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Robert McNamara

The Death of John Quincy Adams

By February 21, 2013

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On the afternoon of February 21, 1848, 165 years ago, a national tragedy struck in the U.S. Capitol. John Quincy Adams, a venerable former president who had been serving for years as a congressman from Massachusetts, had just cast a fairly routine vote on the floor of the House of Representatives.

Adams, 80 years old and widely referred to as "Old Man Eloquent," was suddenly "struck with paralysis," as the next day's New York Tribune expressed it.

Early news reports said Adams had been taken to his home after collapsing. But he had actually been carried from the old House chamber (now known as Statuary Hall) to an adjacent office in the Capitol.

Placed on a cot, attended by doctors and friends, Adams lingered for two days as word of his condition was transmitted by telegraph. News reports noted that traditional celebrations for Washington's birthday were muted out of a sense of sorrow.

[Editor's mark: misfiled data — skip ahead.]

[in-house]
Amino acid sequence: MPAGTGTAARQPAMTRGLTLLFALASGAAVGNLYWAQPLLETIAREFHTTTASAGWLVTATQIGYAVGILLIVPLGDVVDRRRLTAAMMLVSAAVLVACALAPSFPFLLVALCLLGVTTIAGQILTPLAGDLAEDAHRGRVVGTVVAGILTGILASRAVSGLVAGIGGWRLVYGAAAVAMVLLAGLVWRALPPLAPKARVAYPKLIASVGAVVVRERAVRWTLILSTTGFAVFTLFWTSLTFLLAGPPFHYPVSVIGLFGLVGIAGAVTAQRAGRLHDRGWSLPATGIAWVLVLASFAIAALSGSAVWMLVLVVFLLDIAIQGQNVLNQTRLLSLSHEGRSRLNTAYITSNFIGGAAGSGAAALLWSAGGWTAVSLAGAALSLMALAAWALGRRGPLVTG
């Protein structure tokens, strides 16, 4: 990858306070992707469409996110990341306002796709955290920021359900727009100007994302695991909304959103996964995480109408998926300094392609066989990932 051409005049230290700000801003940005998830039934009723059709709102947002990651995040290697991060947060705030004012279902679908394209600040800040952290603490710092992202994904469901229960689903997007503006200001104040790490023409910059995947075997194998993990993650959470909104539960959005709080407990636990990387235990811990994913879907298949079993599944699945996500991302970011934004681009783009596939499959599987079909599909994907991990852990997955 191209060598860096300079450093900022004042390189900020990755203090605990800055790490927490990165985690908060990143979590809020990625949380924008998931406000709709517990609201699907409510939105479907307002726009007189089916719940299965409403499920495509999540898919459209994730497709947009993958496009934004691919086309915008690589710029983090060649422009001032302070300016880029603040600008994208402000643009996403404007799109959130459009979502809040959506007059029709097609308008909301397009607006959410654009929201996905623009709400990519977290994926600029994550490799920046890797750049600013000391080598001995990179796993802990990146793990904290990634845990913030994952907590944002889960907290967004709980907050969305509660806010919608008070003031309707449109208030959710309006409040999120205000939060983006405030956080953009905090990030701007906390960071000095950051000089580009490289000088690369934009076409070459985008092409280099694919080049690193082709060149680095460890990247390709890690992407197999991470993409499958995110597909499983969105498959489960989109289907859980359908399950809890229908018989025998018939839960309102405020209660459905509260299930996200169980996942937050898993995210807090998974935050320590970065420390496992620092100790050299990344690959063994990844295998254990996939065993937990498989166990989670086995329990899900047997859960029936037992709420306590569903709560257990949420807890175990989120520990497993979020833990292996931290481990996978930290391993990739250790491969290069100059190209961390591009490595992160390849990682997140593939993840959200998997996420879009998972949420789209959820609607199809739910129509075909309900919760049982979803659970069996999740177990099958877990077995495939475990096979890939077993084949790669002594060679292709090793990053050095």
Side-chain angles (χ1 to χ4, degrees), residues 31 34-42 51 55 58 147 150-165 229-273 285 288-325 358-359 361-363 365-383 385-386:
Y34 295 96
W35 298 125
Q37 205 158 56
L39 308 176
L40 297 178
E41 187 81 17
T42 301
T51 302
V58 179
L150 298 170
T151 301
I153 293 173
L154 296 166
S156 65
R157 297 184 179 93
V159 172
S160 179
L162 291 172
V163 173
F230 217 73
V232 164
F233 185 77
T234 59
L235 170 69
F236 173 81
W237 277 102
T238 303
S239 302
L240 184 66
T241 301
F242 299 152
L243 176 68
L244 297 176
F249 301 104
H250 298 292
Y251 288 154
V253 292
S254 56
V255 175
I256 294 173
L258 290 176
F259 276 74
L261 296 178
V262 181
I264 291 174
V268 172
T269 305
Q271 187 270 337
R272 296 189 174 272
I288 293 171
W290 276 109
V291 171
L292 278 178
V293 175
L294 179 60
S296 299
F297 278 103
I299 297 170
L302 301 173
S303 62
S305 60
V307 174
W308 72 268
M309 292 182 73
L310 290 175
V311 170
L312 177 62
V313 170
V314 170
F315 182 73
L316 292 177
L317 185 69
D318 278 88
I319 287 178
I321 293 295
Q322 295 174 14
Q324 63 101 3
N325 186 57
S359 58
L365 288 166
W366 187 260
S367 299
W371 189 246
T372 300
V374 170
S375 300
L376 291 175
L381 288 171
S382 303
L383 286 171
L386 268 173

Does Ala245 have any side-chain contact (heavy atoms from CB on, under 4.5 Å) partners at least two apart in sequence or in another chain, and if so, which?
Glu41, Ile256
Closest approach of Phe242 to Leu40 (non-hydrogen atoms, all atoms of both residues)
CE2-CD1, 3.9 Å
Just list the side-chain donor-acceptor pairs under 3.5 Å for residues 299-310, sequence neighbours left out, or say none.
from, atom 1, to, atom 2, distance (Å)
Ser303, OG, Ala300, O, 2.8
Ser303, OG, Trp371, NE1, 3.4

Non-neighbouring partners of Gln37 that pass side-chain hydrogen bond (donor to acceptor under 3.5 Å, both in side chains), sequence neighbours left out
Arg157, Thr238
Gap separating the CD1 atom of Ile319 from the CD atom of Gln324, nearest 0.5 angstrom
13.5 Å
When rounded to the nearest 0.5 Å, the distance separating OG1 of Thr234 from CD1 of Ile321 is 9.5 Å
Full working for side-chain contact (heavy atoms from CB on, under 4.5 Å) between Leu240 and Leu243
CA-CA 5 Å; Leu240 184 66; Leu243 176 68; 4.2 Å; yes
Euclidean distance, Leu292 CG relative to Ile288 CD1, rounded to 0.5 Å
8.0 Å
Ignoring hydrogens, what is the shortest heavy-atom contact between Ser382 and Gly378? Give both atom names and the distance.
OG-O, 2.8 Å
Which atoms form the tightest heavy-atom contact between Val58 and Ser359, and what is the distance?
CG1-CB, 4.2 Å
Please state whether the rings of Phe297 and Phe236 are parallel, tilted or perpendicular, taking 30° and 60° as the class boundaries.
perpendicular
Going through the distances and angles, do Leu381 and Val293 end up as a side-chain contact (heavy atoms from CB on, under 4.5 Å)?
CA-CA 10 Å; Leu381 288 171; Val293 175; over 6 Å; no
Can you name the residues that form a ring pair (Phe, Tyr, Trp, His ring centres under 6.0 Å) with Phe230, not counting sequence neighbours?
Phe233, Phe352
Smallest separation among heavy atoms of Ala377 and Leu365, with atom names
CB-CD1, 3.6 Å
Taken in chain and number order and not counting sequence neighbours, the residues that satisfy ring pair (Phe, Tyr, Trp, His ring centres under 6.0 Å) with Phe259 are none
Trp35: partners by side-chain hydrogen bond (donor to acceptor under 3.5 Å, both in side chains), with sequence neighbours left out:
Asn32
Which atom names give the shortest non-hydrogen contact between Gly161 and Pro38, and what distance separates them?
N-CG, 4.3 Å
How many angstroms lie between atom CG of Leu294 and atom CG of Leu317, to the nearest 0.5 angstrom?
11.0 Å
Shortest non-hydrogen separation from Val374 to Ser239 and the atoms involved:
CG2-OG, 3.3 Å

John Quincy Adams died on February 23, 1848, in the Capitol. A large funeral was held in the building a few days later. And his body was transported back to his home in Massachusetts, accompanied by a Congressional delegation which included a member from each state.

On the day Adams had cast his final vote, an unknown Whig from Illinois serving his only term in Congress, Abraham Lincoln, was seated in one of the back rows of the chamber. And it's conceivable that Lincoln, who had just turned 39, may have been among the younger congressmen who carried the stricken Adams from the floor of the House.

More: John Quincy Adams

Illustration: Detail from a lithograph depicting John Quincy Adams on his deathbed in the Capitol/Library of Congress

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